3. Google's got a very rudimentary quantum computer in testing. It doesn't do a whole lot right now though, but that's probably like saying transistors are useless for computing if you're evaluating a 200-transistor logic gate against a cluster of Core i7 processors. Either way, the brain does its processing and it works. I think we can find a way of mimicking or duplicating that functionality in a similar volume; it's clearly not prohibited by the laws of physics, otherwise it simply wouldn't work. Then you'll end up with ethical problems more quickly than you will with artificial AIs. A factory-default human brain has other firmware problems: Don't give it enough sensory input and it will go insane. Tell it to do something like a computer can do ("stare at this input 24/7 and let me know if it changes for more than 20 milliseconds") and it'll probably still go insane. It might also need to sleep periodically; it seems that the need to sleep was woven into our genome at a very low level. Earth's been rotating for a very long time, and life here adapted to that pretty thoroughly.
  4. An OS is already quite complex. One action affects numerous subroutines very quickly. (Win95 was evidence of this: One program crashes and it brings down the whole system. Ahhh, the bad ol' days.) I'd even say that some bugs are emergent properties: Behavior of individual components will give expected results, but when they interact, you get something different and entirely unexpected. Replicating the machine is not possible. Today. We're still trying to use vacuum tubes to solve a huge computing problem.That's where I think quantum computers will come in. And to run with your example of power requirements, duplicating a modern PC with vacuum tubes would be enormous. , shows a byte of memory made with vacuum tubes. A phone can have more than a billion transistors in it now.Past 7 minutes, they give some figures for the number of cubic kilometers it would take to build a modern PC (in 2012) with vacuum tubes. Nevermind the power and cooling requirements. The barrier was vacuum tubes. The revolution was transistors. Now we're running into the barrier of transistors. Up next: Qubits. Will they be the ticket to truly intelligent AIs in a small package? Depends on how densely we can pack them. Maybe we need room-temperature superconductors too, working in concert with qubits to be able to make it compact without melting. We'll see. The thing is the brain's processing power is mostly subconscious. Just look at the act of getting up and going to the fridge to get something to eat and go back to what you were doing. If you try to translate that over to machine language, that task is hugely complicated; and that's ignoring the aspect of doing that of it's own decision and not a preprogrammed command. Yet we do it with our minds wandering half the time. Though that may be where an AI would hold an "advantage" (depends on how you want to look at it) over the human brain is that it wouldn't have the barrier of a subconscious. It may have something analogous to a subconscious though: Background or low-priority processes. Or even separate subprocessors. I work with PIC chips, and they come with multiple internal timers. Rather than tie up the main processor with simple timing functionality, the timers run independently. Same with the incoming data buffer: It has a tiny buffer, only 1 byte, but that consists of multiple bits, which is multiple potential transitions of an incoming voltage. The receiver module handles the operation of translating and storing the incoming byte without the processor's involvement.With the timer or receiver, they only interrupt the main processor when they finish some specified task. If they never interrupted, the processor wouldn't really know that they're even doing anything.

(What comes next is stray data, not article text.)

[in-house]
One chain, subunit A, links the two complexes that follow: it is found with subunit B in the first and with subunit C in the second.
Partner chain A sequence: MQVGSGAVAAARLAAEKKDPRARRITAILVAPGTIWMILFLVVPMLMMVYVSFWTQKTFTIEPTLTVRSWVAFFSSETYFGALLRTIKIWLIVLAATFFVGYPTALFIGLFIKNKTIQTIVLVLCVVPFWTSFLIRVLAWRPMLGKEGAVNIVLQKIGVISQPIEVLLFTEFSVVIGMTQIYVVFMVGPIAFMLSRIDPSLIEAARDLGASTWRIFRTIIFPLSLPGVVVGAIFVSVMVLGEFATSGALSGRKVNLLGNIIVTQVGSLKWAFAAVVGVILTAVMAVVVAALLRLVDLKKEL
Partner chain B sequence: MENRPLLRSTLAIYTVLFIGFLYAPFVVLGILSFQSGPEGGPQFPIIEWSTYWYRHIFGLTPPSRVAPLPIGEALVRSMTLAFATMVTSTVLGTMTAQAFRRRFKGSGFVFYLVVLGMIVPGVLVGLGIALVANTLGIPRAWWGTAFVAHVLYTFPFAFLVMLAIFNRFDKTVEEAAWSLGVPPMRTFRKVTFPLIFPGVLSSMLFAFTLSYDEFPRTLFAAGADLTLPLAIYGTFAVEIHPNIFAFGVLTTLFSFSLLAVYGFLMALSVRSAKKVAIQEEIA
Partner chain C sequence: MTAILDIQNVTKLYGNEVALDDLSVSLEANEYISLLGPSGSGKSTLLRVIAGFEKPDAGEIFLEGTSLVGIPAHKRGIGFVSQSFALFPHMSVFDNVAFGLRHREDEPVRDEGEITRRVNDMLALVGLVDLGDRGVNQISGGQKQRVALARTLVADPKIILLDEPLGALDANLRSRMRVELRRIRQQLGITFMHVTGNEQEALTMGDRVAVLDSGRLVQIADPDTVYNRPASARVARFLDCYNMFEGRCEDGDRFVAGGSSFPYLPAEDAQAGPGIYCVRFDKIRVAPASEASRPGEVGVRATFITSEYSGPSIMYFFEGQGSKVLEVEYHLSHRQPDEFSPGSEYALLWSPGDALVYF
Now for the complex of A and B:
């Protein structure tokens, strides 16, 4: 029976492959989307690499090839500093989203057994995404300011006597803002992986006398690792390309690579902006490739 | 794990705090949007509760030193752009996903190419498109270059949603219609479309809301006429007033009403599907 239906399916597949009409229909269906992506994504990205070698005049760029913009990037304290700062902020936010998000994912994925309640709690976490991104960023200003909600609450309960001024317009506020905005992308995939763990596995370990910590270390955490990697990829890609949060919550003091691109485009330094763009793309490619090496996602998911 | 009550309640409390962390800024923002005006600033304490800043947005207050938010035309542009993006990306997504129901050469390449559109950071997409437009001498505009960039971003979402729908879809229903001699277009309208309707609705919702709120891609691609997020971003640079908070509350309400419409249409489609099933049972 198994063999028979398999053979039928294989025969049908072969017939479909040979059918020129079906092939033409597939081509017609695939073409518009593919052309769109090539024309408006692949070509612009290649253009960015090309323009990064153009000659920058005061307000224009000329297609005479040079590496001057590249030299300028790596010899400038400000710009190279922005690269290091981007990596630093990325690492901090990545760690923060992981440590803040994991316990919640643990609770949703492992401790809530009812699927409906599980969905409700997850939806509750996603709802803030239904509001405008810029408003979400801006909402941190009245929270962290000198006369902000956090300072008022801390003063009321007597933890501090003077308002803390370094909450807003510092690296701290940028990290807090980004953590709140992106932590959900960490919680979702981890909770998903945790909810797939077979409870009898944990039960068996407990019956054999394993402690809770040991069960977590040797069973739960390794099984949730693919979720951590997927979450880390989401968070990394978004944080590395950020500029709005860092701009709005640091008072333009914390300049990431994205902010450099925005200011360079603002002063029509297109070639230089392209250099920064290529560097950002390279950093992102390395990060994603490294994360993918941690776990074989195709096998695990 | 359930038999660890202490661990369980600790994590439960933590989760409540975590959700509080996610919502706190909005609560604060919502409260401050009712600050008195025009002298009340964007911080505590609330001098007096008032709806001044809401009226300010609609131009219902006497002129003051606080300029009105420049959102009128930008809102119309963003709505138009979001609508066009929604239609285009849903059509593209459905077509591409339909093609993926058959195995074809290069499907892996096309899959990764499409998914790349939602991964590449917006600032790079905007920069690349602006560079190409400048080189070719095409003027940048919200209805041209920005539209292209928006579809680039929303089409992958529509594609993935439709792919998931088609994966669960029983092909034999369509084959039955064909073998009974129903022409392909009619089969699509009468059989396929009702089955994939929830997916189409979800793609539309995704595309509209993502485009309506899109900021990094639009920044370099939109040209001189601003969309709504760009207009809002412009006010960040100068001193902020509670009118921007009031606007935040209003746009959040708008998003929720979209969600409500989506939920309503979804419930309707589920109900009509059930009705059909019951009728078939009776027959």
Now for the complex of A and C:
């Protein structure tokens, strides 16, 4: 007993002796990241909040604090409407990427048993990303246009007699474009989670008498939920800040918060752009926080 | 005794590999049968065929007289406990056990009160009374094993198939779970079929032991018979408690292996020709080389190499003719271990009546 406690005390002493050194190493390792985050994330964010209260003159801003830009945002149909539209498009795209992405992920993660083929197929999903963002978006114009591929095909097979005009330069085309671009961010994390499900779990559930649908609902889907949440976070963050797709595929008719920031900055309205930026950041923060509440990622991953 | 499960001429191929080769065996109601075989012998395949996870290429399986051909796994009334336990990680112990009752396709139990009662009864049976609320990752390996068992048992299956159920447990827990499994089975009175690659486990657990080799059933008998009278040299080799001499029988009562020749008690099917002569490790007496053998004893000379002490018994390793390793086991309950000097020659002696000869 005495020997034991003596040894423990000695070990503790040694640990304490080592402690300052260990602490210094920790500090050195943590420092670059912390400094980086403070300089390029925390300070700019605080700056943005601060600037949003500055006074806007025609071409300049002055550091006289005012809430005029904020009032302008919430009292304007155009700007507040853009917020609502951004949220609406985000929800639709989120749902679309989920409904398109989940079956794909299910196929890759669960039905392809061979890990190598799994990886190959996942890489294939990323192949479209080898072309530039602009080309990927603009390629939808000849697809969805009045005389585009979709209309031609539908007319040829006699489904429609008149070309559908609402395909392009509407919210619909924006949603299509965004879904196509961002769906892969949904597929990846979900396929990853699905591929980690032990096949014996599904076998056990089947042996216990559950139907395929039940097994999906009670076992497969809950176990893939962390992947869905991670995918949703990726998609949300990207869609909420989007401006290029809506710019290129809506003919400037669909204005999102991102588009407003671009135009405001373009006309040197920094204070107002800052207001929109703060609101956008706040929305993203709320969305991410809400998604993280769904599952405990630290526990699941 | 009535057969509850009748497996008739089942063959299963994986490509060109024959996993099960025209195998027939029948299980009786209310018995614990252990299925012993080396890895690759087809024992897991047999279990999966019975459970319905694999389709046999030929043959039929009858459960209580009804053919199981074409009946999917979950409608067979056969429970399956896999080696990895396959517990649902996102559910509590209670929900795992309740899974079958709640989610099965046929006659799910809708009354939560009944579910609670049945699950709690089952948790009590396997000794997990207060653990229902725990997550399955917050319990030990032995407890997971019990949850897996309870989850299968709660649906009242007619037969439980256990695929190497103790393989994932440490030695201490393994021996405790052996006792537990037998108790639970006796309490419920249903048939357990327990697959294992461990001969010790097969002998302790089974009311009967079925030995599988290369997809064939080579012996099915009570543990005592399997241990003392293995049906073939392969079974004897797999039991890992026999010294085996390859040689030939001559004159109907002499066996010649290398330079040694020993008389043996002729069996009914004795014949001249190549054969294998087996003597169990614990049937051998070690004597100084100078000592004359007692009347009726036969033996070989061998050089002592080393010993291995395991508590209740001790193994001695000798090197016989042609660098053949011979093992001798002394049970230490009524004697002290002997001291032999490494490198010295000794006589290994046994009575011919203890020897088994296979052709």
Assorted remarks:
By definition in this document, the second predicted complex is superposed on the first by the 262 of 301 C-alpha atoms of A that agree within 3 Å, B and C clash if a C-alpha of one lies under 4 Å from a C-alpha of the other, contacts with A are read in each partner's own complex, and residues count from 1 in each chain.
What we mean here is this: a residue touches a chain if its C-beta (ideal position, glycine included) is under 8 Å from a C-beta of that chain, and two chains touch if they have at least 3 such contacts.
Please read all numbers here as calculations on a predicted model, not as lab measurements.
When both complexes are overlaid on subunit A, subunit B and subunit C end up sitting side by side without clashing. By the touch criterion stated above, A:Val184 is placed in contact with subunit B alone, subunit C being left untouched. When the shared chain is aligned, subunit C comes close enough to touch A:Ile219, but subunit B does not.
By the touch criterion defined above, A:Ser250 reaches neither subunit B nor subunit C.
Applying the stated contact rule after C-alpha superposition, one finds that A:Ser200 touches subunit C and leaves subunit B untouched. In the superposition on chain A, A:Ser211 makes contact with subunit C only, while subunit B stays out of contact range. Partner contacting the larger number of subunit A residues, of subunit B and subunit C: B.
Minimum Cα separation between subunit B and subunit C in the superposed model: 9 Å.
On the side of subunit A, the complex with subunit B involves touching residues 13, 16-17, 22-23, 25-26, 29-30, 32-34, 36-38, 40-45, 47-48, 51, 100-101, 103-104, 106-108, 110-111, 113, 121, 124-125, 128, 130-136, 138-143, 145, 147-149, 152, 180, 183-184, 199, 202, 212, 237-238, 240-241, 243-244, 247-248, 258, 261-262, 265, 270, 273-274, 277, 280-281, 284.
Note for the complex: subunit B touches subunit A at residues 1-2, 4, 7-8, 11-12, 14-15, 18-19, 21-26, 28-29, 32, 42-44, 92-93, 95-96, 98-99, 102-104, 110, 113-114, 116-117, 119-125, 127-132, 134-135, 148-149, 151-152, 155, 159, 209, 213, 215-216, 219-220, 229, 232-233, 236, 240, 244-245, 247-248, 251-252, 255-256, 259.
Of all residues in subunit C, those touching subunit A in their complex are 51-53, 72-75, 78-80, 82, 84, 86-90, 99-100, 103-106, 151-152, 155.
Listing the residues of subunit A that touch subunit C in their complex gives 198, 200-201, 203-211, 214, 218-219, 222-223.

5. "We do not need to worry about robots becoming self-aware and overthrowing humanity. It's just not going to happen." I'm also siding with the rich tech entrepreneurs on this. - Self-awareness: Intelligence involves being able to hold a model of your environment in memory, and relate that model and reality. If the model includes the concept of its own memories as part of the model, that is the start of self-awareness. - "Computers are really good at recognizing patterns, and carrying out instructions based on those patters. Now we have made enormous leaps in AI over the past few decades, but there are limits." And then there were some things said about enormous barriers preventing progress beyond a certain point. Simple machines, mechanical computers, vacuum tubes, transistors: Each was a breakthrough that permitted some manner of revolutionary progress. What's next? Quantum computers are making tiny steps of progress. One big disruption they'll provide first is encryption: Things that would take a regular computer millions of years might take minutes, or less. (And the Bitcoin market might experience disruptions. "...So, someone just made a million bitcoins. Yesterday. Interesting.") They'll be an enormous leap in computing power, and should get us the amount of power we need to make something rivaling a biological brain. Concerning recognizing patterns: Yes, this is the path to intelligence and self-awareness. We recognize patterns well too. It's part of the reason we program AIs to do the same thing: It works for us, it's how we operate, and since we know how adequately that works for us, let's use it as a baseline. Your brain has the big advantage of having a huge number of neurons that can form a lot of connections. (Kind of what a quantum computer is heading for, with each individual element capable of being in multiple states simultaneously.) The final piece is this: Emergent property. If you have a complex system, you get behaviors you didn't plan on, caused by unexpected interactions of various components. This is where you can get things like intuition or even emotional states. If you're emotional, your thoughts become predisposed to follow a certain pattern. A whole society can be prone to this sort of effect, wherein the "mood" of the whole changes over time. I think you will encounter this sort of thing in a sufficiently complex computer system, to the point that it would not be easily differentiated from how a human mind works. (I just don't think a human brain is all that big or amazing of a deal. It's got a huge number of neurons stuck together in a reasonably functional manner, and that complexity and numbering makes it difficult to simplify/model and still properly understand. It lacks any good debug port to plug into, so it remains mysterious as a metaphoric "black box." It's also been under development at the molecular and cellular level for a time period that's orders of magnitude longer than we've been working on our little computer systems.) - Overthrowing humanity? You don't need intelligence to do that. There are numerous ways of killing, terrifying, and manipulating large numbers of human beings using methods that focus on our basic needs and instincts. But let's assume it is intelligence at work, since we're talking about AI. Would it want power or control? That depends on how it's raised. If you raise a human child to be a remorseless killer primarily suited for combat, you shouldn't be surprised if it starts killing the "wrong" people, nor should you be surprised if it reacts poorly if you tell it that it needs to stop doing what you raised it to do.